Despite its name, which refers to its status in England (as an
extremely rare vagrant), this species is common throughout much of
Europe. There is ongoing debate over whether its Iberian cousin, the
Iberian scarce swallowtail, Iphiclides feisthamelii,
is a subspecies or full species but more recent publications tend to
count it the latter. The boundary line for the two is the Pyrenees,
where I have only seen the scarce swallowtail so far, never the Iberian
With its tiger stripes and aerodynamic elegance, this species is
unlikely to be mistaken, except for Iberian scarce swallowtail at the
boundary between the two. The other widespread swallowtail, Papilio machaon,
has a very different appearance, with horizontal black bars following
the veins, as does the much more local Corsican swallowtail, Papilio hospiton. The southern swallowtail, Papilio alexenor,
found in the South of France (where it is rare) and south-eastern
Europe, also lacks the transvers lines along the veins and is
superficially similar, but the borders and general structure are more
similar to the swallowtail than the scarce.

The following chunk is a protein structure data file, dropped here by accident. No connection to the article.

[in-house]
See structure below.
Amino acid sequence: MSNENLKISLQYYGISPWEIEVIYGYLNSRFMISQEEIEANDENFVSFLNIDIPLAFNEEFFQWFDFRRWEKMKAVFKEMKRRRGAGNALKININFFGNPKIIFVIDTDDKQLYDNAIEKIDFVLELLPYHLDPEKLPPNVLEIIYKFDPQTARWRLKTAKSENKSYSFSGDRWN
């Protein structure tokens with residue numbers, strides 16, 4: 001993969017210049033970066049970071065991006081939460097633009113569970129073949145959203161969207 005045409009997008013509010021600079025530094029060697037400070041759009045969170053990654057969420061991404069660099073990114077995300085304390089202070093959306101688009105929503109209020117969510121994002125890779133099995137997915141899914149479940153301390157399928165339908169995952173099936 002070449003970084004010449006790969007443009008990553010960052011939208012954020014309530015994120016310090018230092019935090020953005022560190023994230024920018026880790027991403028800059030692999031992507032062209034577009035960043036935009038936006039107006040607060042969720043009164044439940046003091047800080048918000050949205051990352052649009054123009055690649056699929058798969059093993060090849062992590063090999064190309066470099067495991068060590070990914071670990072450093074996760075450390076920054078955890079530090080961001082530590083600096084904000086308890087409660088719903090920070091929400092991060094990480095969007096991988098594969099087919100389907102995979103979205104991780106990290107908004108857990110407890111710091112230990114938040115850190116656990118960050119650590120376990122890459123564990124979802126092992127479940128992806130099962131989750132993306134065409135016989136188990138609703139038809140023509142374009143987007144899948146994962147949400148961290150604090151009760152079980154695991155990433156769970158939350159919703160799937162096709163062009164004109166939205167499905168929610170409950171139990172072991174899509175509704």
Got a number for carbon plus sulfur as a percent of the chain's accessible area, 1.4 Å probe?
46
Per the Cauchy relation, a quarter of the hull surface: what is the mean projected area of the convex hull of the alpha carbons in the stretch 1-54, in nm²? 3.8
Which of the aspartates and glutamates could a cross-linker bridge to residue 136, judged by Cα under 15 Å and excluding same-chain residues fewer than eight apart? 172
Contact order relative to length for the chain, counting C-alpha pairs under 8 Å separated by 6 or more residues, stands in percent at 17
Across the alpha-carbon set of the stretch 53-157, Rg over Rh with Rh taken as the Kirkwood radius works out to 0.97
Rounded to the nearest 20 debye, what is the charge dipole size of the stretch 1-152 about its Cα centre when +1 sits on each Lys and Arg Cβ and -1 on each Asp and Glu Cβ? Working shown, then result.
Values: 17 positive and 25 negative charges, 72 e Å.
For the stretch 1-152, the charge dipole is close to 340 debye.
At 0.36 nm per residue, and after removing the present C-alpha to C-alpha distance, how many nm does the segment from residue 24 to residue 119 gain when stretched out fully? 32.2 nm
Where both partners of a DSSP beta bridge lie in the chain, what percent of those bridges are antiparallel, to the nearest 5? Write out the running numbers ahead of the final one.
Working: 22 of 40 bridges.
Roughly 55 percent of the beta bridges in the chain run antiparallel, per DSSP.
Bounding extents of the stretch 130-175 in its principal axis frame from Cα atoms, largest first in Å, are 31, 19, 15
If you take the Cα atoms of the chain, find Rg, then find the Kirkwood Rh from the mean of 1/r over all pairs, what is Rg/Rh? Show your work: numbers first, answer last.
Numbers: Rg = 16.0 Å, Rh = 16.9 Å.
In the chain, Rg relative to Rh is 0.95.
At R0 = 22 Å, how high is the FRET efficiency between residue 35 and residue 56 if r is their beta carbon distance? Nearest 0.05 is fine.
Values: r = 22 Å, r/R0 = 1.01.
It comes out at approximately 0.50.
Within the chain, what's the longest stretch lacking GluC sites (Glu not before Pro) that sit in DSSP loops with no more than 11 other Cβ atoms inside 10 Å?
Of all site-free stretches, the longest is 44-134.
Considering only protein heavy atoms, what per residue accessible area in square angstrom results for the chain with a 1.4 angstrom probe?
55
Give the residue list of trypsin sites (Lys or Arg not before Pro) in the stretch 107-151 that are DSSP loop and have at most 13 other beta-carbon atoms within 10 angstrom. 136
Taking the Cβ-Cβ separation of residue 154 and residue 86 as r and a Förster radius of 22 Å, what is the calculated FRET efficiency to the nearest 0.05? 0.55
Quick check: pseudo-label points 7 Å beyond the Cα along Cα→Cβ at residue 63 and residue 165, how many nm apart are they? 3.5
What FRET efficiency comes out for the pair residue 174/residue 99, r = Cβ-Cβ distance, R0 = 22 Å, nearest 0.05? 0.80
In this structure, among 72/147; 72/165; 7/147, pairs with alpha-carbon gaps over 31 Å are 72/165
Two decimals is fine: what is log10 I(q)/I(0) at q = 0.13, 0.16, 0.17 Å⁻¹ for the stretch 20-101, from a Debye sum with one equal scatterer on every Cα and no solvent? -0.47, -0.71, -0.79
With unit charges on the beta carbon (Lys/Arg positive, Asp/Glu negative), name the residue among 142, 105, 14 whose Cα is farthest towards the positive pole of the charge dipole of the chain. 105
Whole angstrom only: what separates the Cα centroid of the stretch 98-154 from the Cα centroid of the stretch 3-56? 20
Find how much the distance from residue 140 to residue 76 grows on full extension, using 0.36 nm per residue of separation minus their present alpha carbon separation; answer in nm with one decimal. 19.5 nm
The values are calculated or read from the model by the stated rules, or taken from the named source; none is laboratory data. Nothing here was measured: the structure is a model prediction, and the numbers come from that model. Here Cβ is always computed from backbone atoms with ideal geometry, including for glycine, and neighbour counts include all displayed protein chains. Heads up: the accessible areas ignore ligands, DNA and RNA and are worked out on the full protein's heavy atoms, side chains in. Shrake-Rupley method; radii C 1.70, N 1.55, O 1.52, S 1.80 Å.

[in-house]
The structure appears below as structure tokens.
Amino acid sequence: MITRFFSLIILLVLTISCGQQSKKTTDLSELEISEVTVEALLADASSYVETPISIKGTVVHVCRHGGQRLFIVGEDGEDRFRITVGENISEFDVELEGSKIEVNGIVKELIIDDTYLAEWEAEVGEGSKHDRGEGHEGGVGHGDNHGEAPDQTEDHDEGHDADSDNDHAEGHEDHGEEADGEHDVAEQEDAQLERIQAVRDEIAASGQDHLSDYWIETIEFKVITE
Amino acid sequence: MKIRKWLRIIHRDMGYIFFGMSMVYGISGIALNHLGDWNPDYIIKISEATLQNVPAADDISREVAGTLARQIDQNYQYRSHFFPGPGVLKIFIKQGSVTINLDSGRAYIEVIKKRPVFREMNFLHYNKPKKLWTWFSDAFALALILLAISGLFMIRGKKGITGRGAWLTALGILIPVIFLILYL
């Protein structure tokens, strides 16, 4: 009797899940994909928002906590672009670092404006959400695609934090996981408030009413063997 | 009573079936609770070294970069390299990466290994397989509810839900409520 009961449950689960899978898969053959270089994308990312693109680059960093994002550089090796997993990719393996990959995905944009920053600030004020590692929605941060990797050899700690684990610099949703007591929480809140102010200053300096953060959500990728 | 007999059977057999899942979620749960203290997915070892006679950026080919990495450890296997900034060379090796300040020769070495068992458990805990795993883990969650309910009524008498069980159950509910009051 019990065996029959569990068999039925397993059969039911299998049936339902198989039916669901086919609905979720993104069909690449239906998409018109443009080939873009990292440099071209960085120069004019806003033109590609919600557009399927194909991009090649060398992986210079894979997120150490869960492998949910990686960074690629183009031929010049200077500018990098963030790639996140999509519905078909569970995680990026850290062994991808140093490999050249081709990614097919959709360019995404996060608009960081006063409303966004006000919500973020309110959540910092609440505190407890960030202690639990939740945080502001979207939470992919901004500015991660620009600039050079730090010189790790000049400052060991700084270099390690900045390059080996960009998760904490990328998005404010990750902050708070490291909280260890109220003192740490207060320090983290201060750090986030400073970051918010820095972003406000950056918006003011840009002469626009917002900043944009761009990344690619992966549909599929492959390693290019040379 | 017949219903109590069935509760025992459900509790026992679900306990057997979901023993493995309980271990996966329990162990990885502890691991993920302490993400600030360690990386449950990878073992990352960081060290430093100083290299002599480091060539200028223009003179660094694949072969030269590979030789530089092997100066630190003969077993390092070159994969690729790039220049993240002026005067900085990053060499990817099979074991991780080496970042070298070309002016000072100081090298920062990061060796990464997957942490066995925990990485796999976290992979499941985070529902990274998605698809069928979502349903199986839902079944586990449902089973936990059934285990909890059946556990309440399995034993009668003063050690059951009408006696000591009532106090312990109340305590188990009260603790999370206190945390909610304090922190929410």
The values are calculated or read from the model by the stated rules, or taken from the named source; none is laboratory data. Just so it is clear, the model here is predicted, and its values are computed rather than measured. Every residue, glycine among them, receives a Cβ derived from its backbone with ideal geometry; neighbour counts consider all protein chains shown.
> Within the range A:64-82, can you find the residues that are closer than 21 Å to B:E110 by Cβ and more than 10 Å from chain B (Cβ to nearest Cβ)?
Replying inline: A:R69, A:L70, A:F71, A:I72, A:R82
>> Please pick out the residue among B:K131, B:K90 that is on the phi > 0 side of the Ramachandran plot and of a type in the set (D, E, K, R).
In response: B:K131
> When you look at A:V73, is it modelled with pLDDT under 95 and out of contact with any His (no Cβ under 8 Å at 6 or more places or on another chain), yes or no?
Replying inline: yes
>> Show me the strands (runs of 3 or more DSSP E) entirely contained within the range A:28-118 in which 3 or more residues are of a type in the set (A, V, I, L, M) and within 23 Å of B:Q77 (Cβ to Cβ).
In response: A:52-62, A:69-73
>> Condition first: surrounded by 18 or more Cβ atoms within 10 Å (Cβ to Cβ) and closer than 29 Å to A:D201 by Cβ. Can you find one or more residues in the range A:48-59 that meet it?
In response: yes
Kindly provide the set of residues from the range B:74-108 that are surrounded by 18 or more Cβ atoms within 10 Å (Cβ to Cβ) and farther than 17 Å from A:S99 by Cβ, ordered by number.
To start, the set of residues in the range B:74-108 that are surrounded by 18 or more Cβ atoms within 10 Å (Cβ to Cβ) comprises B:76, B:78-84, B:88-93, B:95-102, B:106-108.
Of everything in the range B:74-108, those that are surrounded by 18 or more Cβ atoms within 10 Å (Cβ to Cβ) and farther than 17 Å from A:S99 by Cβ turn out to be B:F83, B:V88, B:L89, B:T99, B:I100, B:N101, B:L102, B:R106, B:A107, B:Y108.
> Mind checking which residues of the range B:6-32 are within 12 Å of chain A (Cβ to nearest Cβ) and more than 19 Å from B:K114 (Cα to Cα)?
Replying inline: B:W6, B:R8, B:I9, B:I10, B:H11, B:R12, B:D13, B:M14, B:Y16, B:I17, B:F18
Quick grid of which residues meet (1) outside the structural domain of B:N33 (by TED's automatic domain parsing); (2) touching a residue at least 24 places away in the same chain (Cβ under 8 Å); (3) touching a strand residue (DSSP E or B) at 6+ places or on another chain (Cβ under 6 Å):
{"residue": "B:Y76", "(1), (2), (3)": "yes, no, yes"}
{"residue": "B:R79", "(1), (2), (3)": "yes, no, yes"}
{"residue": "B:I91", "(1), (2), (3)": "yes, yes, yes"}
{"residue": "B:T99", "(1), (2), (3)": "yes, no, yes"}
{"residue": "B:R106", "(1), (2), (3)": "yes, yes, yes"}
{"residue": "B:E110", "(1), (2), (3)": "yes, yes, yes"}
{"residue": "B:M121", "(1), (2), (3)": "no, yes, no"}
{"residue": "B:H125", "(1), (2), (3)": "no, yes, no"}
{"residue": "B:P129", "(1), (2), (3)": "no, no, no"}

Distinguishing between scarce and Iberian scarce swallowtails is
harder. The latter are typically a more papery white, with a distinct
yellow costa to the forewing. They seem more kite-shaped for some
reason. The orange and blue spot on the hindwing is subtly different
too. A useful but not 100% reliable feature is the third bar out from
the base on the forewing, which is typically tapered to a point, not
blunt on the vein.
(scarce swallowtail on left, Iberian on right)
Scarce swallowtails may be seen as early as March in the Rhône Valley
of Switzerland - perhaps even earlier further south. Their larval
foodplants are various species of Prunus,
around which they can often be seen, whether males looking for females
or holding territories, or females looking for a place to lay. They
enjoy nectaring but also come readily to mud, sometimes in numbers.
They hibernate as pupae.